______________________________________           PARTS BYINGREDIENTS     WEIGHT______________________________________Alkenyl Succinic           168.5Anhydride1Ethyl Acetate   105.05% Pd on alumina           4.5(weight/weight)______________________________________ 1 A substituted succinic anhydride containing a straightchain alkenygroup with a carbon chain length of from about 16 to about 18, with the unsaturated bond present between the α and β carbon atoms, commercially available from Albemarle Corporation.

The alkenyl succinic anhydride and the ethyl acetate were charged into a reaction vessel. Thereafter, the palladium catalyst was charged therein. The reaction vessel was evacuated using nitrogen, and the reaction mixturewas pressurized to 51 pounds per square inch (PSI) using hydrogen gas. Thispressure was maintained for approximately 8 and one-half hours, during which time the temperature rose from an ambient temperature of 24° C. to 33° C. After reacting for 8 and one-half hours, the pressure was released, and the product was centrifuged to precipitate the palladiumcatalyst. Then, the product was filtered twice under a vacuum through two #50 filter papers (commercially available from Whatman, Inc.) and packed silica gel to remove the ethyl acetate and any residual catalyst. By this process, 158.5 grams of product was recovered. This product was analyzed by NMR to assure that the carbon=carbon double bonds had been saturated.

The reaction product prepared above was reacted with diethanolamine to forma β-hydroxyalkylamide curing agent. The following ingredients were used:

______________________________________                  PARTS BYINGREDIENTS            WEIGHT______________________________________Hydrogenated Alkenyl Succinic Anhydride                  290(as described in this example)Xylene                 145TYZOR ® TPT Titanate1                  3.27Diethanolamine         180.38______________________________________ 1 Tetraisopropyl titanate (hereinafter referred to as TYZOR TPT), commercially available from E. I. DuPont de Nemours & Company, Inc.

The hydrogenated alkenyl succinic anhydride and the xylene were charged to a reaction vessel under a nitrogen sparge and mixed for ten minutes at an ambient temperature of 23° C. The TYZOR TPT and the diethanolamine were then added, and the reaction mixture was gently agitated for an additional ten minutes. The reaction mixture was heated and began refluxing at a temperature of 137° C., after about ten minutes. Heating continued for another 1 and one-half hours until a temperature of 146° C. was reached; all the while, the reaction mixture continued refluxing with azeotropic removal of water. After removing 15 grams of water, the reaction mixture was cooled to a temperature of 100° C. over a period of ten minutes. The solvent, xylene, was then distilled off under a reduced pressure of 2 mmHg to yield a product with 1.34 meq of amine.

A carboxylic acid functional acrylic polymer was synthesized; the two β-hydroxyalkylamide curing agents were added thereto; and the resulting mixture was dispersed in an aqueous medium. The following ingredients were used:

______________________________________                      PARTS BYINGREDIENTS                WEIGHT______________________________________Formal1TOL ®      22.3POLYMEKON ® Wax2  18.0Deionized Water            18.0Styrene                    128.3Butyl Acrylate             175.5Hydroxyethyl Acrylate      49.5Methacrylic Acid           58.5Methyl Methacrylate        38.3α-Methyl Styrene Dimer                      20.3LUPERSOL ® 5753   24.5LUPERSOL 575               4.3Phenyl CARBITOL - Formal   2.5Diisopropanolamine         36.2β-Hydroxyalkylamide Curing Agent                      135.4Prepared from INDUSTRENE 223(as described in this example)β-Hydroxyalkylamide Curing Agent                      45.1Prepared from Hydrogenated Alkenyl Succinic Anhydride(as described in this example)Deionized Water            668.2Zinc Oxide                 7.3Deionized Water            1223.4______________________________________ 1 Such an adduct is commercially available from PPG Industries, Inc. Phenyl CARBITOL is the monophenyl ether of diethylene glycol, commerciallavailable from Union Carbide Corporation. 2 A polyethylene wax, commercially available from Petrolite SpecialtPolymers Group. 3 Tertamyl peroxy2-ethyl-hexanoate, commercially available from Elf Atochem North America.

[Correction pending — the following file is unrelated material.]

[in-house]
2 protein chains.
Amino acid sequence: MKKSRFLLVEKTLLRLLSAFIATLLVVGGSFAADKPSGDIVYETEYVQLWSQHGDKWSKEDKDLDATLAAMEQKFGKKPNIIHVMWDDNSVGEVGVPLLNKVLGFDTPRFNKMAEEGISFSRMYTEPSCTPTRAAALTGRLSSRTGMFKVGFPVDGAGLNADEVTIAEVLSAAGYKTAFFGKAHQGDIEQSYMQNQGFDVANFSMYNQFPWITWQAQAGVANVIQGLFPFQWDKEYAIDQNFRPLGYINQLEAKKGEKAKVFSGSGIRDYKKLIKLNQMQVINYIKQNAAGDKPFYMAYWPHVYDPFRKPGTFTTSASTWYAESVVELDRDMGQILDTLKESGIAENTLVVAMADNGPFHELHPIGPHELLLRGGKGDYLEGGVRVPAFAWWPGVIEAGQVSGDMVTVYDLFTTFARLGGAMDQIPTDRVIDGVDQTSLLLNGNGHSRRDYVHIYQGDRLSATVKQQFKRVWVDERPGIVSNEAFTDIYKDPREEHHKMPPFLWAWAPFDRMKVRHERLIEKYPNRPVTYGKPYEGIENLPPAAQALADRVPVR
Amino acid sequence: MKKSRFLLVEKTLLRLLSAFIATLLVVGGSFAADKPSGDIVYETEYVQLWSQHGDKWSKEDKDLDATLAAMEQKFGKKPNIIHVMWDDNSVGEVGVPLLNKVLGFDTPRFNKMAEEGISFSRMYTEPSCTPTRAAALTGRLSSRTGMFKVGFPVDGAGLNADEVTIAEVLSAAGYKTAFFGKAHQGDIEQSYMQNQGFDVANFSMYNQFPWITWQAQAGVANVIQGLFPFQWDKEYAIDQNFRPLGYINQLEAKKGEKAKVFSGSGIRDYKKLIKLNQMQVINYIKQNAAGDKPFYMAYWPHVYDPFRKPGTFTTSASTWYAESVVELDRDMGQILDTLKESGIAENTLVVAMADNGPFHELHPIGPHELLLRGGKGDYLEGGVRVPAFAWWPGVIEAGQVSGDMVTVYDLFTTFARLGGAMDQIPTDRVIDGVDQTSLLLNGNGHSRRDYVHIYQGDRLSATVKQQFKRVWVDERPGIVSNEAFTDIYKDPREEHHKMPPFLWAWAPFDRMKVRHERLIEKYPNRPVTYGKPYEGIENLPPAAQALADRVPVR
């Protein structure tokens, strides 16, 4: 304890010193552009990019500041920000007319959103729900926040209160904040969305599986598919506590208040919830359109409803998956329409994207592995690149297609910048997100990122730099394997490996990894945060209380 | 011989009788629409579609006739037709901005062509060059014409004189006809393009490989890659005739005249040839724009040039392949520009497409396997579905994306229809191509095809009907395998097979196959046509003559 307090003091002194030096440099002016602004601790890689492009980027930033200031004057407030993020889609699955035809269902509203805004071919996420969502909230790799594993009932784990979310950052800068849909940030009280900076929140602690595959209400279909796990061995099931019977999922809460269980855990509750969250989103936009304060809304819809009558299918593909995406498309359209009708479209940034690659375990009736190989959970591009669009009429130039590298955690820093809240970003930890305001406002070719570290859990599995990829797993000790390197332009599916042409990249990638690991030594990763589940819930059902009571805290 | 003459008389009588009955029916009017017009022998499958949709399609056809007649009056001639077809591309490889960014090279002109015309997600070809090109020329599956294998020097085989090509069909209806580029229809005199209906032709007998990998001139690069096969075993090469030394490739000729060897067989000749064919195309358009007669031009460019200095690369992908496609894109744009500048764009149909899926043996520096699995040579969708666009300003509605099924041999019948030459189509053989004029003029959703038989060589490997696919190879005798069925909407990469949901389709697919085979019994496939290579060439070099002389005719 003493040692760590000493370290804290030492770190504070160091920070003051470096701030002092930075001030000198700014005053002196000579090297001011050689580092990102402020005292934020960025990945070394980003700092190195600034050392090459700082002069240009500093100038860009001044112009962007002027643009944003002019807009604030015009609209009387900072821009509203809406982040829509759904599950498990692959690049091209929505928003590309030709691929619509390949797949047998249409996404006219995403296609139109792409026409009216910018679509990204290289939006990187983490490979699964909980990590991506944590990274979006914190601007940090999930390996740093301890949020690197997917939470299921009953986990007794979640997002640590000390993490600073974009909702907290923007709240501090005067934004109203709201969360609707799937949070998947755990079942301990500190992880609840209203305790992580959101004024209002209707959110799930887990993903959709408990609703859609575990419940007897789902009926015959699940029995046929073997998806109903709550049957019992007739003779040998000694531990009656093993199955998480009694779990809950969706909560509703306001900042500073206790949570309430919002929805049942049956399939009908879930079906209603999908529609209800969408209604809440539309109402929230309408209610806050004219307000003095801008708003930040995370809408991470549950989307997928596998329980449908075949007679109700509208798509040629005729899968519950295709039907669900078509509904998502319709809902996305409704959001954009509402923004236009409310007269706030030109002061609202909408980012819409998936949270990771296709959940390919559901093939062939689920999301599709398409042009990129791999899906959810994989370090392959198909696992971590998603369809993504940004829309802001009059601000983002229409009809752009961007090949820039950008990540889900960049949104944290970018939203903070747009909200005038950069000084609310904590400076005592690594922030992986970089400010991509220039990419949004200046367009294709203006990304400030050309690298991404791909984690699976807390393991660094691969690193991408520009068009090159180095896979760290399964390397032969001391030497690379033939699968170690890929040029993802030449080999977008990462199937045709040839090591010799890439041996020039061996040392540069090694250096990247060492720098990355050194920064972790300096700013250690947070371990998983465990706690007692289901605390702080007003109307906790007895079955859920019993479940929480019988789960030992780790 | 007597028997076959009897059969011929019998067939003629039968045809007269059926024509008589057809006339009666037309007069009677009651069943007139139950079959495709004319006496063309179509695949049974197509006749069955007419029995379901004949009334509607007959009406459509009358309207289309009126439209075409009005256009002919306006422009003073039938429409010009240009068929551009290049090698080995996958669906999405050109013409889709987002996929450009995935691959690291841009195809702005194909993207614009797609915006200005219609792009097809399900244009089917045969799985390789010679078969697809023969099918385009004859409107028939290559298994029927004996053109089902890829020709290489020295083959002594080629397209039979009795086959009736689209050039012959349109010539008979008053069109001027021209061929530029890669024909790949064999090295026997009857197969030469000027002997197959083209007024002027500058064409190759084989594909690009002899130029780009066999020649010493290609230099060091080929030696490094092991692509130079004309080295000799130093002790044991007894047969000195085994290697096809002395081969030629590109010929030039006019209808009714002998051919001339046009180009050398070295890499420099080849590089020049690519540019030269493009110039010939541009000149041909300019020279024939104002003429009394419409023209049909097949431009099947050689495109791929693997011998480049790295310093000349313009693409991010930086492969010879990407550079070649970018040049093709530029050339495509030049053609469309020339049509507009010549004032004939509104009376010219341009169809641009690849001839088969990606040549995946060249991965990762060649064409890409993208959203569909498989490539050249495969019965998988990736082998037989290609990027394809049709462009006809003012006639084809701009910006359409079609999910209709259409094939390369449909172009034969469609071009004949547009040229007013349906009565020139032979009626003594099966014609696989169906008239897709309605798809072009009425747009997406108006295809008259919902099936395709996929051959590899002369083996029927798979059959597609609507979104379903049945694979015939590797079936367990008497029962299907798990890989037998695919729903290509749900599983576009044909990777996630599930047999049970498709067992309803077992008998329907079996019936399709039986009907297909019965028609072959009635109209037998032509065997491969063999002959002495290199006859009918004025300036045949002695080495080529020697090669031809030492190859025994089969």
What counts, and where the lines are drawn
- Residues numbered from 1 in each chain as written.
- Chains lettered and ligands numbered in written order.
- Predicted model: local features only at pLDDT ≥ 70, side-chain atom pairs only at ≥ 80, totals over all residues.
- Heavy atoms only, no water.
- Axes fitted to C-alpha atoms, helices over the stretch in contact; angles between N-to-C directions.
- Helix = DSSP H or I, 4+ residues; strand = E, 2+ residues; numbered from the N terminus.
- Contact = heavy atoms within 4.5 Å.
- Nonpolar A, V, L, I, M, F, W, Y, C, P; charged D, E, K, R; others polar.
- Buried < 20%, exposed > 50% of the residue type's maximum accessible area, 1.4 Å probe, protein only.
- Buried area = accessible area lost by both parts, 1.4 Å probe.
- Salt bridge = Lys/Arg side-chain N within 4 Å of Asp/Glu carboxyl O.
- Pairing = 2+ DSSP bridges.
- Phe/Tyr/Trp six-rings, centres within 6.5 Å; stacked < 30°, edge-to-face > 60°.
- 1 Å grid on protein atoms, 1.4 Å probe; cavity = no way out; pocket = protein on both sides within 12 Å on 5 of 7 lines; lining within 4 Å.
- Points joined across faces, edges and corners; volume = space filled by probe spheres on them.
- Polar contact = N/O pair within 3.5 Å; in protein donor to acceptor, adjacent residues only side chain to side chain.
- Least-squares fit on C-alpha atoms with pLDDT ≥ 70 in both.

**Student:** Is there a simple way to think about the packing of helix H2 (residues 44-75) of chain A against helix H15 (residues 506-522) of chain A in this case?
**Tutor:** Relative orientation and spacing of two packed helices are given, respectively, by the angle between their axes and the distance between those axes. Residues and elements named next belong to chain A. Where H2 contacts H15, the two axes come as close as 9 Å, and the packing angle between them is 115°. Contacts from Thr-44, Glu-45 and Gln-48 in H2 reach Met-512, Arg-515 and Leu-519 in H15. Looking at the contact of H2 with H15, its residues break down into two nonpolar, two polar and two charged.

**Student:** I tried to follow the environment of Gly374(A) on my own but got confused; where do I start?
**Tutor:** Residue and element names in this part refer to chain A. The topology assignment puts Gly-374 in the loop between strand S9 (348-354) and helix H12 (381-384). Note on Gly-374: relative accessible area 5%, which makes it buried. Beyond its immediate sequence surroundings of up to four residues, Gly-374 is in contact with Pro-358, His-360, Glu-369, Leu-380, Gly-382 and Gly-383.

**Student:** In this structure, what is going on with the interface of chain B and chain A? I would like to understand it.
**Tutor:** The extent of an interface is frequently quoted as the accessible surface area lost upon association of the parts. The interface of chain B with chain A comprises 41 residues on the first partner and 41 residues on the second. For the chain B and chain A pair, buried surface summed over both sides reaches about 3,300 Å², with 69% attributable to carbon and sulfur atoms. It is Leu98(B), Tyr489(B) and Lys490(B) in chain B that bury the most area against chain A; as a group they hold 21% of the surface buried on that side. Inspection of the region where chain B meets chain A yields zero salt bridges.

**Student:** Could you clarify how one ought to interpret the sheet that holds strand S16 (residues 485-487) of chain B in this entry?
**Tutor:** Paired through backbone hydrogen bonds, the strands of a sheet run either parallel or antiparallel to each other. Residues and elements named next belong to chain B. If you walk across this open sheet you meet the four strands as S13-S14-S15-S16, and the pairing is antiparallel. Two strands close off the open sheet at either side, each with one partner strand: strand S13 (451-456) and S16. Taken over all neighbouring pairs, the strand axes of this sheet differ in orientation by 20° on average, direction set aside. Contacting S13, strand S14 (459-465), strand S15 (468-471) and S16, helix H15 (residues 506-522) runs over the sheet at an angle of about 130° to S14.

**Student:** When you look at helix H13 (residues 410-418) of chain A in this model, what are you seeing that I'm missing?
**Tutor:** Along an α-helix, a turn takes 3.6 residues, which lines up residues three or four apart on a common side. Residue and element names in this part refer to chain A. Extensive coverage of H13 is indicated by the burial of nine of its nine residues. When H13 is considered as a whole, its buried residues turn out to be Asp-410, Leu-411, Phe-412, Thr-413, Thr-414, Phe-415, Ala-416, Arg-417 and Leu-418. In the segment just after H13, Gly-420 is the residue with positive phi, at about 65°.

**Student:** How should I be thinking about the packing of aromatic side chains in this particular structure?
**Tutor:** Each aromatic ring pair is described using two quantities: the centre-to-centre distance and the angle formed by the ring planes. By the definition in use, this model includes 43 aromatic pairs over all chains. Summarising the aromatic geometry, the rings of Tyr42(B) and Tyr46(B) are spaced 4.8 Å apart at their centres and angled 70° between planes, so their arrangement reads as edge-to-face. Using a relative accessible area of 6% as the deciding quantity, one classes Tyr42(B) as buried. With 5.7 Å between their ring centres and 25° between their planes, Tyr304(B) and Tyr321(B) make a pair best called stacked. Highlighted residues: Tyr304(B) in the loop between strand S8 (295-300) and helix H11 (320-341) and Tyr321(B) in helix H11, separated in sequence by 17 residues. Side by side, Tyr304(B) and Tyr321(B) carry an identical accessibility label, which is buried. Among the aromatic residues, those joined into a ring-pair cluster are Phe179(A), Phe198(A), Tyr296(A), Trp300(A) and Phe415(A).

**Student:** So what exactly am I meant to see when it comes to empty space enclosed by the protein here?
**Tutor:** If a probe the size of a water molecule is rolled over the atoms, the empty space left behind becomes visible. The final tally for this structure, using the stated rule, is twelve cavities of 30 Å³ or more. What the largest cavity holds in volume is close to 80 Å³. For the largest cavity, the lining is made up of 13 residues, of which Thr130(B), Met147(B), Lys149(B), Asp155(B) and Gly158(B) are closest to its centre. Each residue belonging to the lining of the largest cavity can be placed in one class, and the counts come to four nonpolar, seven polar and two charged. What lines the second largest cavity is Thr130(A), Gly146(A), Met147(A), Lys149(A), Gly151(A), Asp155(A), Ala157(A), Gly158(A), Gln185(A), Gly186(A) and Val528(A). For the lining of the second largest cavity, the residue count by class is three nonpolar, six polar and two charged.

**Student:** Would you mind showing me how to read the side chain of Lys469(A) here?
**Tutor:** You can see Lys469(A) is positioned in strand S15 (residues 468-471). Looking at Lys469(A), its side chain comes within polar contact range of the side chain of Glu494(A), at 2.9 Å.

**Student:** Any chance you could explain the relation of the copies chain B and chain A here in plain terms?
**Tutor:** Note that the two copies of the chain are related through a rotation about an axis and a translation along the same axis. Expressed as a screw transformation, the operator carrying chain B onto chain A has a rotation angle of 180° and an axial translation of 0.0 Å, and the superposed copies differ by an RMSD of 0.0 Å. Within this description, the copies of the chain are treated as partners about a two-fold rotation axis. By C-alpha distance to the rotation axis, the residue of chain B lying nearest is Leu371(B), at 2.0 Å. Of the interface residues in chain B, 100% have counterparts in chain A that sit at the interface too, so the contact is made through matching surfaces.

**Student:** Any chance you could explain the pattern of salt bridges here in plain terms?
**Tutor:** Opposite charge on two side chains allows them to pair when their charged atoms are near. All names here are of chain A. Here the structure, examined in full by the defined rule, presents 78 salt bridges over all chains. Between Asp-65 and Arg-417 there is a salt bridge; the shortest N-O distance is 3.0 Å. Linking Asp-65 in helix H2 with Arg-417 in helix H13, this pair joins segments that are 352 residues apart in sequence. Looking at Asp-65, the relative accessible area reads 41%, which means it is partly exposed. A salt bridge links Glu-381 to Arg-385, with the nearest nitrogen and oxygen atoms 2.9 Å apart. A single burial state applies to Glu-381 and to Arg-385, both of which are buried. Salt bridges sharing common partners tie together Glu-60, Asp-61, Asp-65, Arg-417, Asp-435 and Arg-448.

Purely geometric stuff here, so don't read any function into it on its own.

The first portion of Phenyl CARBITOL-Formal, the POLYMEKON wax, and the first portion of deionized water were charged into a reaction vessel undera nitrogen sparge and heated to a reflux temperature of 106° C. The next seven ingredients, up to and including the first portion of LUPERSOL 575, were added over a period of three hours. The reaction mixture was then held at 110° C. for one-half hour. Thereafter, half of the second portion of LUPERSOL 575 and half of the second portion of Phenyl CARBITOL-Formal were added, and the reaction mixture was held at 111° C. for one-half hour. The remaining LUPERSOL 575 and MAZON 305-163 were then added, and the reaction mixture was held at 110° C. for another one-half hour. The reaction mixture was cooled to 91° C. Next, the diisopropanolamine was added, and the reaction mixture was held for another one-half hour. The β-hydroxyalkylamide curing agents were then added over a period of ten minutes. The next portion of deionized water and the zinc oxide were mixed together, and theresin prepared above was reverse-thinned into the zinc oxide mixture over aperiod of one-half hour. The final portion of deionized water was added with agitation to yield a product with a solids content of 24.2% by weight, 0.242 meq of acid, 0.150 meq of base, an average particle size of 17,030 nm, and a weight-average molecular weight of 15,772.